A nurse assisting an older woman down the hallway

What Is Long-Term Care?

When your loved one is living with a chronic illness, memory loss due to a form of dementia or a physical disability, sometimes the only option is to seek long-term care services at a high-quality facility. Although it can be a difficult decision for primary caregivers, individuals who need round-the-clock attention are well cared for at our facility. You can trust the skilled nursing and ancillary staff at West Hartford Health & Rehabilitation Center. We provide medical care as well as assistance with “Activities of Daily Living,” such as eating, bathing, dressing and getting out of bed.

Our Approach to Long-Term Care

Our philosophy is to provide all long-term care residents with high-quality of living. When staying in our facility, your loved one will be in a home away from home. The environment is comforting and our staff is friendly and attentive.

You and your family member can expect:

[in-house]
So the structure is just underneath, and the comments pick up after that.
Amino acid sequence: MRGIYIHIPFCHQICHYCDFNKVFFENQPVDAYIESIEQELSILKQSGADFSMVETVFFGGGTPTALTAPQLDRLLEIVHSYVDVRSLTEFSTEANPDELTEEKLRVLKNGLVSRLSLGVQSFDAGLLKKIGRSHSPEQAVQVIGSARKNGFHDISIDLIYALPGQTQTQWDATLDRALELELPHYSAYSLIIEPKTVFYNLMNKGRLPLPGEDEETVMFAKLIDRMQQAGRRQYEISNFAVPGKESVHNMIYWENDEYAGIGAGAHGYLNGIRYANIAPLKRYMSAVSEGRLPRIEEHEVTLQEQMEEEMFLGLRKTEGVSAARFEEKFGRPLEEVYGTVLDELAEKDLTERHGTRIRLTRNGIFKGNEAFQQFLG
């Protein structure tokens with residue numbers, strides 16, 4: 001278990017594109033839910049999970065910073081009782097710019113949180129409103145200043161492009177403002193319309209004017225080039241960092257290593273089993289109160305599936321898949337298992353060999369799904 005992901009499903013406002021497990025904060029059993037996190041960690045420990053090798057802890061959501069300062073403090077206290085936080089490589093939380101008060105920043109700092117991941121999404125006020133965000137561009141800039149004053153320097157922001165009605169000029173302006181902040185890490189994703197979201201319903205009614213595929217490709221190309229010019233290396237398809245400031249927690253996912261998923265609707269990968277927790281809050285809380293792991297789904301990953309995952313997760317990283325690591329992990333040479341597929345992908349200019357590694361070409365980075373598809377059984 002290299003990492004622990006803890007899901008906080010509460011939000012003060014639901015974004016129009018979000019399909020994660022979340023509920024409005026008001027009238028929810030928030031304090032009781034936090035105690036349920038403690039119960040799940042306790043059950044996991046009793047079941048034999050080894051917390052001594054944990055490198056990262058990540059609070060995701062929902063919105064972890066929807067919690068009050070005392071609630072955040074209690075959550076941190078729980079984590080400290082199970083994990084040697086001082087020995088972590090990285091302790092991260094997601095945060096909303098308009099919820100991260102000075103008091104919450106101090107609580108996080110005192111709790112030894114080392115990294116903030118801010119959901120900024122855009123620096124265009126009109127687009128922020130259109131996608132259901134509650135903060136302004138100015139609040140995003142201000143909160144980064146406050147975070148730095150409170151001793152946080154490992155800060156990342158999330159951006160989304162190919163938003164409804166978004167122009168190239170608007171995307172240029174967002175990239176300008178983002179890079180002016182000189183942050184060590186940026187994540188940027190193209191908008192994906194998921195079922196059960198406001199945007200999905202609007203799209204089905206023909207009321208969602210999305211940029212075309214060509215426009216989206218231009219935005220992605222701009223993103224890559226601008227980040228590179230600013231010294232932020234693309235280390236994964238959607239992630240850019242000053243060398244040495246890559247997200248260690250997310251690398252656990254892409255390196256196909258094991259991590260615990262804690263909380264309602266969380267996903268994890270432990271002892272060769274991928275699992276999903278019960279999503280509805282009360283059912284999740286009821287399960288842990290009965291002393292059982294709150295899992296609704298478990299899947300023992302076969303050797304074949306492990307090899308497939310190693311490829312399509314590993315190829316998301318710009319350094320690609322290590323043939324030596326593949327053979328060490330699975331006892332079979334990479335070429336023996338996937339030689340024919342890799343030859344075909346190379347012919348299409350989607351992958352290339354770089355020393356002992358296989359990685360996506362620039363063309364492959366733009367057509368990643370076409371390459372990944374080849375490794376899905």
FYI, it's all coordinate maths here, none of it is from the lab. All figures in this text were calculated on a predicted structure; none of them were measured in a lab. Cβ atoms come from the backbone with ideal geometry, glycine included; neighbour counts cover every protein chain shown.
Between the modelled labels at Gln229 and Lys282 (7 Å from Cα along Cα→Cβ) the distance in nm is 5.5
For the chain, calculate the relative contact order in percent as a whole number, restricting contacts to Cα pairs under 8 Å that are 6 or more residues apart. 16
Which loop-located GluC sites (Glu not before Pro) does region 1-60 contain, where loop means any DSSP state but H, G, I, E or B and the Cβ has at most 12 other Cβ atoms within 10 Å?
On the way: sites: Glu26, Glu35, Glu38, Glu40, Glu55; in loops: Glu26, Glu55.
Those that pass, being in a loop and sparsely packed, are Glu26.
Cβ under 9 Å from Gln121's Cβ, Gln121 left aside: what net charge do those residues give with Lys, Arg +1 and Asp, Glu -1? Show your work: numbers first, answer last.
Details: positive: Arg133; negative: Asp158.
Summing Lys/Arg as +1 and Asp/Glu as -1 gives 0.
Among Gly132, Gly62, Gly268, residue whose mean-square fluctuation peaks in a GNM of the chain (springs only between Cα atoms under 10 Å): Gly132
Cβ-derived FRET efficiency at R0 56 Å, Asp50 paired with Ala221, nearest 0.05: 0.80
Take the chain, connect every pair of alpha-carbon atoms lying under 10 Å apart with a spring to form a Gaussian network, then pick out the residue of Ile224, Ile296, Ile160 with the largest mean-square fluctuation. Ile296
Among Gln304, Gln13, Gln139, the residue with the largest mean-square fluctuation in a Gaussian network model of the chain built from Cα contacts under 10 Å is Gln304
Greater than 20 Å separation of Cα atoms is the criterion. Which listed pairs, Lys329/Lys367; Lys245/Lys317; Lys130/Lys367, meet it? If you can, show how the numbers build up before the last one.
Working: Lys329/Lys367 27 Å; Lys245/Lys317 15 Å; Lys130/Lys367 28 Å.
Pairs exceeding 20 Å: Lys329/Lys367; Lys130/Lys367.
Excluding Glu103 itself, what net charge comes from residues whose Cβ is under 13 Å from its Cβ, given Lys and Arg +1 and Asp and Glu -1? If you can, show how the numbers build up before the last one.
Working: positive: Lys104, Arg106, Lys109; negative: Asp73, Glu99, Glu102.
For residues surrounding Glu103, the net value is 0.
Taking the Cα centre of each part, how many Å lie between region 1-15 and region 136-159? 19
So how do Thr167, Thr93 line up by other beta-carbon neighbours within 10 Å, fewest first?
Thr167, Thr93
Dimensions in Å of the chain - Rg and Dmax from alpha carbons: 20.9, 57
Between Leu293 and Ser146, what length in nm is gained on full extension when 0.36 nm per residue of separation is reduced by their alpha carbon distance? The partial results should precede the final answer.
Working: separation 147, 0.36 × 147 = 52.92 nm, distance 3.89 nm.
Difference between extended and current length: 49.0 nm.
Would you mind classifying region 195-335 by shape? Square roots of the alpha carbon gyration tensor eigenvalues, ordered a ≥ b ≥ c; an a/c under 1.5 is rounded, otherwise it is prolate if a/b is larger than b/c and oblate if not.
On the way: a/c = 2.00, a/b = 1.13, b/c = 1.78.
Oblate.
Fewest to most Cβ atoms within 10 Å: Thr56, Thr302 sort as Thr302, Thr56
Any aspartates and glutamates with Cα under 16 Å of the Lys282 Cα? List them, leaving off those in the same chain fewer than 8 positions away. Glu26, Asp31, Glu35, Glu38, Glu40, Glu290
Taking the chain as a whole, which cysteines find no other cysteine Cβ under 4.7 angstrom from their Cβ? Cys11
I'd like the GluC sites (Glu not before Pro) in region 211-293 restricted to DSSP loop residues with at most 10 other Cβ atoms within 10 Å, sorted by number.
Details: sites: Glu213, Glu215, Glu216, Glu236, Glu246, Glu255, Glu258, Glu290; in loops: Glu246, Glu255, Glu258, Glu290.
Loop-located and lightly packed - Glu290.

• High-quality, wholesome food
  • Clean living and recreational spaces
  • Visits from family and friends as frequently as they’d like
  • An abundance of recreational activities
  • The option to have pets visit
  • Religious services

Meet Our Nursing Staff

Our long-term units have one nurse on duty for every 30 residents. The nursing staff is comprised of registered nurses (RNs), licensed practical nurses (LPNs) and certified nursing assistants (CNAs), preferably having experience in providing long-term care. Registered nurses and licensed practical nurses are able to:

  • Pass medications
  • Perform certain medical treatments, including respiratory therapy
  • Are CPR certified
  • Monitor vital signs
  • Observe and assess skin or wound issues, nutrition, pain and neurological problems
  • Supervise the certified nursing assistants

The RNs and LPNs collaborate with attending physicians and advanced practice registered nurses (APRNs) to provide all residents with comprehensive care. Each unit also has a group of certified nursing assistants to help with daily care activities. These include:

  • Bathing
  • Dressing
  • Feeding
  • Toileting
  • Oral care
  • Ambulating
  • Vital signs
  • Monitoring of meal intake
  • Bowel and bladder activity
  • Assistance with recreational activities

Our goal is for residents to maintain as much independence as possible. We do so by encouraging them to do as much as they can on their own, while still promoting safety.